In 1843, the Augustinians ceded the administration of the parish to the Franciscans. The change of the name came about in this manner: Kankabatok was a favorite haunt of fishermen, they would use a bamboo contraption called a "taklub" to catch shrimps or fish. When asked where they were going, the fishermen would answer, " tarakluban", which meant the place where they used the device to catch these marine resources; the name Tarakluban or Tacloban took prominence. It is not known when Tacloban became a municipality because records supporting this fact were destroyed during a typhoon, it is believed that Tacloban was proclaimed a municipality in 1770s. In 1768, Leyte and Samar were separated into two provinces, each constituting a politico-military province. Due to its strategic location, Tacloban became a vital trading point between the two provinces; the capital of Leyte was transferred from one town to another with Tacloban as the last on 26 February 1830. The decision to make Tacloban the capital was based on the following reasons: 1) ideal location of the port and 2) well-sheltered and adequate facilities.
On 20 June 1952, Tacloban was proclaimed a chartered city by virtue of Republic Act No. 760. The arrival of Colonel Murray in 1901 made him the first military governor of Leyte, his first official act was the opening of Tacloban port to world commerce. Before World War II, Tacloban was the commercial, education and cultural center of the Province of Leyte. Copra and abaca were exported in large quantities; the leading institutions were: Leyte Normal School, Leyte High School, Leyte Trade School, Holy Infant Academy and Tacloban Catholic Institute. In November 1912, a typhoon swept through the central Philippines and "practically destroyed" Tacloban. In Tacloban and Capiz on the island of Panay, the death toll was 15,000, half the population of those cities at the time. On 25 May 1942, Japanese forces landed in Tacloban, signalling the beginning of their two-year occupation of Leyte, they improved its airfield. Since San Pedro Bay was ideal for larger vessels, the Japanese Imperial Naval Forces made Tacloban a port of call and entry.
This time was considered the darkest in the history of Tacloban and the country due to the incidences of torture among civilians, including the elderly. In response, guerrilla groups operated in Leyte – the most notable of, the group of Ruperto Kangleon. Leyte was the first to be liberated by the combined American troops. General Douglas MacArthur's assault troops landed in the Tacloban and Palo beaches and in the neighboring town of Dulag on 20 October 1944; these landings signaled the eventual victory of the Filipino and American forces and the fulfillment of MacArthur’s famous promise: "I Shall Return." Three days on 23 October, at a ceremony at the Capitol Building in Tacloban, MacArthur, accompanied by President Sergio Osmeña, made Tacloban the temporary seat of the Commonwealth Government and temporary capital of the Philippines until the complete liberation of the country. The provincial government of Leyte and the municipal government of Tacloban were re-established. Paulo Jaro was the Liberation mayor of Tacloban.
The first mayor of this capital upon inauguration of the Philippine Republic was Epifanio Aguirre. On 8 January 1960 MacArthur made his "sentimental" journey t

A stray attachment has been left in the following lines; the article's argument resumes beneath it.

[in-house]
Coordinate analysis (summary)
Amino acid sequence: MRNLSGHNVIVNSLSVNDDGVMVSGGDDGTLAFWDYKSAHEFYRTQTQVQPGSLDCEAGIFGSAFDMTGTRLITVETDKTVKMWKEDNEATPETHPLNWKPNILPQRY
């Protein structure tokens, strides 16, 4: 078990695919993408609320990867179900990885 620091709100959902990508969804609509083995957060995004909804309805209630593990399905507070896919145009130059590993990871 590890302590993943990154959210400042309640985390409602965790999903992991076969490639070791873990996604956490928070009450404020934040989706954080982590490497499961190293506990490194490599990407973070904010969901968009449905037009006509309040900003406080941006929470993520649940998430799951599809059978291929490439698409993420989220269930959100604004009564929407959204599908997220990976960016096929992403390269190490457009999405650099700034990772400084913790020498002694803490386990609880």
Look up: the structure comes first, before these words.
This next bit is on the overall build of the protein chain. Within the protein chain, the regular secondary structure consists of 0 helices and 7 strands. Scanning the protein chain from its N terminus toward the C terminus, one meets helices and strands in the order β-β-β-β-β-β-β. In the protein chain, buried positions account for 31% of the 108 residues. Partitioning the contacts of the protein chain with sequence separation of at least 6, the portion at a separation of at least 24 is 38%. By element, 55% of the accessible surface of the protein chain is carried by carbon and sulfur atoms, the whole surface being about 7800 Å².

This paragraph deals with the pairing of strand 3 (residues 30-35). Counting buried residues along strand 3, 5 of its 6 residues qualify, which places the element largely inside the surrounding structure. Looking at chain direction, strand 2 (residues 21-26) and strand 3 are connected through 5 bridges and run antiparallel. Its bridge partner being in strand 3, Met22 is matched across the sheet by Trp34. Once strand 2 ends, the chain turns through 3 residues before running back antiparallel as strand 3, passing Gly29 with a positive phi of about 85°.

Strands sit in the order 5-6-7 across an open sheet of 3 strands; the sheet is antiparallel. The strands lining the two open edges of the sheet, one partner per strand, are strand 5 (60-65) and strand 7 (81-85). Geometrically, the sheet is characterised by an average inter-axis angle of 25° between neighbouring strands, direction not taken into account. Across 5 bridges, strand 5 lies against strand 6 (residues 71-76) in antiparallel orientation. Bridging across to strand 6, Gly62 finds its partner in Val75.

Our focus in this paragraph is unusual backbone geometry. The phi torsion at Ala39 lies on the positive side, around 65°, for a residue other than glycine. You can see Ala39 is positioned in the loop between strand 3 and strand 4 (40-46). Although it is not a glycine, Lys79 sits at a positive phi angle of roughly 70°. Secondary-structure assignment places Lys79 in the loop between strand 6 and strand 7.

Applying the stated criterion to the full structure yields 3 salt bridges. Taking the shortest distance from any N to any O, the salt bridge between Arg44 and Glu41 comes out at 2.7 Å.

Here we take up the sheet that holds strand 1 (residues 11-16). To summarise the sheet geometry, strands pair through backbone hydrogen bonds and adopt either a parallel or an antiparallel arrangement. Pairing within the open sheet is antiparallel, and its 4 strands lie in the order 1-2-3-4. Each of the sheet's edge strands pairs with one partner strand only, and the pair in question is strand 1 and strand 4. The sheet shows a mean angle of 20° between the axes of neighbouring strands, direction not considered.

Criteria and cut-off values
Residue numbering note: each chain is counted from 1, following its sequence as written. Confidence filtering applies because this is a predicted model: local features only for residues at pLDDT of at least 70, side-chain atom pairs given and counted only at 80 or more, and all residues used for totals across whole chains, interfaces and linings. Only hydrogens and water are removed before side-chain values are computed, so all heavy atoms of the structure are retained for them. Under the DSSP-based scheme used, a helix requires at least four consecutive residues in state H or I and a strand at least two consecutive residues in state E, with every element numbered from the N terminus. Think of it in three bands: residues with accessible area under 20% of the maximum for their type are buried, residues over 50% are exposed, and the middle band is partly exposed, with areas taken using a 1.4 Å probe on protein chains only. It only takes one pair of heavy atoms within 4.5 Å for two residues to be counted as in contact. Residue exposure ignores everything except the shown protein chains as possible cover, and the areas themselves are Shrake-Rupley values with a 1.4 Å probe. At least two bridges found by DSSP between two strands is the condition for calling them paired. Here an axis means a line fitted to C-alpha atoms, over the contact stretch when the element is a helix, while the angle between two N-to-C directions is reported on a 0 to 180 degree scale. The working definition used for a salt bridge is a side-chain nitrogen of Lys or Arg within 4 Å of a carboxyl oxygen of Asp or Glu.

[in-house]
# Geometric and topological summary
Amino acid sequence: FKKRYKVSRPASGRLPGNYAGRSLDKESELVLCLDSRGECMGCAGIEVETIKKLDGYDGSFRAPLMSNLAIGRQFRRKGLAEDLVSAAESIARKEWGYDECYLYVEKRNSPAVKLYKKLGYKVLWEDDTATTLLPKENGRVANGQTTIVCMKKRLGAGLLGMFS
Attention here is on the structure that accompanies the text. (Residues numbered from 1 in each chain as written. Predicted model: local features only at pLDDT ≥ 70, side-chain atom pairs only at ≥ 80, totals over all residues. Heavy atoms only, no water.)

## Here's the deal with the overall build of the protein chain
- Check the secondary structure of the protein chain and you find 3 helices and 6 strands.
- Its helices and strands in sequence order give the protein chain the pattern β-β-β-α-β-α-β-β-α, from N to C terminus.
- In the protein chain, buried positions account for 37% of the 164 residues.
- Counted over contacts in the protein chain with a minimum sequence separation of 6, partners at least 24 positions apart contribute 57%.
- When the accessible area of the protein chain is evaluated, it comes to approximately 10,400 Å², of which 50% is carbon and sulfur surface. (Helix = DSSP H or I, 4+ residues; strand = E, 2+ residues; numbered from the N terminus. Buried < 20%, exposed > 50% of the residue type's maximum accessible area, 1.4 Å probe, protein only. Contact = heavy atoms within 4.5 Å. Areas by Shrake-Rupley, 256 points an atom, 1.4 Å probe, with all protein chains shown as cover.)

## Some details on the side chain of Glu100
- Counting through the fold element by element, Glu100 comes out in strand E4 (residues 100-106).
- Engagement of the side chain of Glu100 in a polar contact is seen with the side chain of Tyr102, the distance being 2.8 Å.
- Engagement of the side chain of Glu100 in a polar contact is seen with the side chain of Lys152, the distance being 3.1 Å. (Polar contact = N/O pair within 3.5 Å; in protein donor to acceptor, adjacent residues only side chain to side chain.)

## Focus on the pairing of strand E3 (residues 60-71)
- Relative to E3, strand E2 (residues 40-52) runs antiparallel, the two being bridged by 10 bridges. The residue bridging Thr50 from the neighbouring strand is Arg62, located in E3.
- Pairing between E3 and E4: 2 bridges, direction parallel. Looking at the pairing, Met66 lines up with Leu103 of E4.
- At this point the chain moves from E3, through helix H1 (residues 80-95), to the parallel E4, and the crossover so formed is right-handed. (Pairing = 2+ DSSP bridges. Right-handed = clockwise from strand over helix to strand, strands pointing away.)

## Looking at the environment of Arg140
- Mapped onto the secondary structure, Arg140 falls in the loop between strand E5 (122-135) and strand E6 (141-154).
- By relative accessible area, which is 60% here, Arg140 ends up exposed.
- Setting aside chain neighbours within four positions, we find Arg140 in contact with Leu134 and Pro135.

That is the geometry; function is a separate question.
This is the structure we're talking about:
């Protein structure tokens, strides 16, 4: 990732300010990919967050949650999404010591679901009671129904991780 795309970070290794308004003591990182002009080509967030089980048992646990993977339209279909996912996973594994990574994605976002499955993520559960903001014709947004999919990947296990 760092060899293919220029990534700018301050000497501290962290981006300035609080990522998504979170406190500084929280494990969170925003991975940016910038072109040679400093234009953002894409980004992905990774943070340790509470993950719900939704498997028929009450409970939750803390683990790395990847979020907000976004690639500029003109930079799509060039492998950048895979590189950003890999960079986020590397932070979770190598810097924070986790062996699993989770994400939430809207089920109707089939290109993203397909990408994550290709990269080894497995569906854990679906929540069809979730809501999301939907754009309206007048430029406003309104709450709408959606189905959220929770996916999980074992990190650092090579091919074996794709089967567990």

OCLC Online Computer Library Center, Incorporated d/b/a OCLC is an American nonprofit cooperative organization "dedicated to the public purposes of furthering access to the world's information and reducing information costs". It was founded in 1967 as the Ohio College Library Center. OCLC and its member libraries cooperatively produce and maintain WorldCat, the largest online public access catalog in the world. OCLC is funded by the fees that libraries have to pay for its services. OCLC maintains the Dewey Decimal Classification system. OCLC began in 1967, as the Ohio College Library Center, through a collaboration of university presidents, vice presidents, library directors who wanted to create a cooperative computerized network for libraries in the state of Ohio; the group first met on July 5, 1967 on the campus of the Ohio State University to sign the articles of incorporation for the nonprofit organization, hired Frederick G. Kilgour, a former Yale University medical school librarian, to design the shared cataloging system.
Kilgour wished to merge the latest information storage and retrieval system of the time, the computer, with the oldest, the library. The plan was to merge the catalogs of Ohio libraries electronically through a computer network and database to streamline operations, control costs, increase efficiency in library management, bringing libraries together to cooperatively keep track of the world's information in order to best serve researchers and scholars; the first library to do online cataloging through OCLC was the Alden Library at Ohio University on August 26, 1971. This was the first online cataloging by any library worldwide. Membership in OCLC is based on use of services and contribution of data. Between 1967 and 1977, OCLC membership was limited to institutions in Ohio, but in 1978, a new governance structure was established that allowed institutions from other states to join. In 2002, the governance structure was again modified to accommodate participation from outside the United States.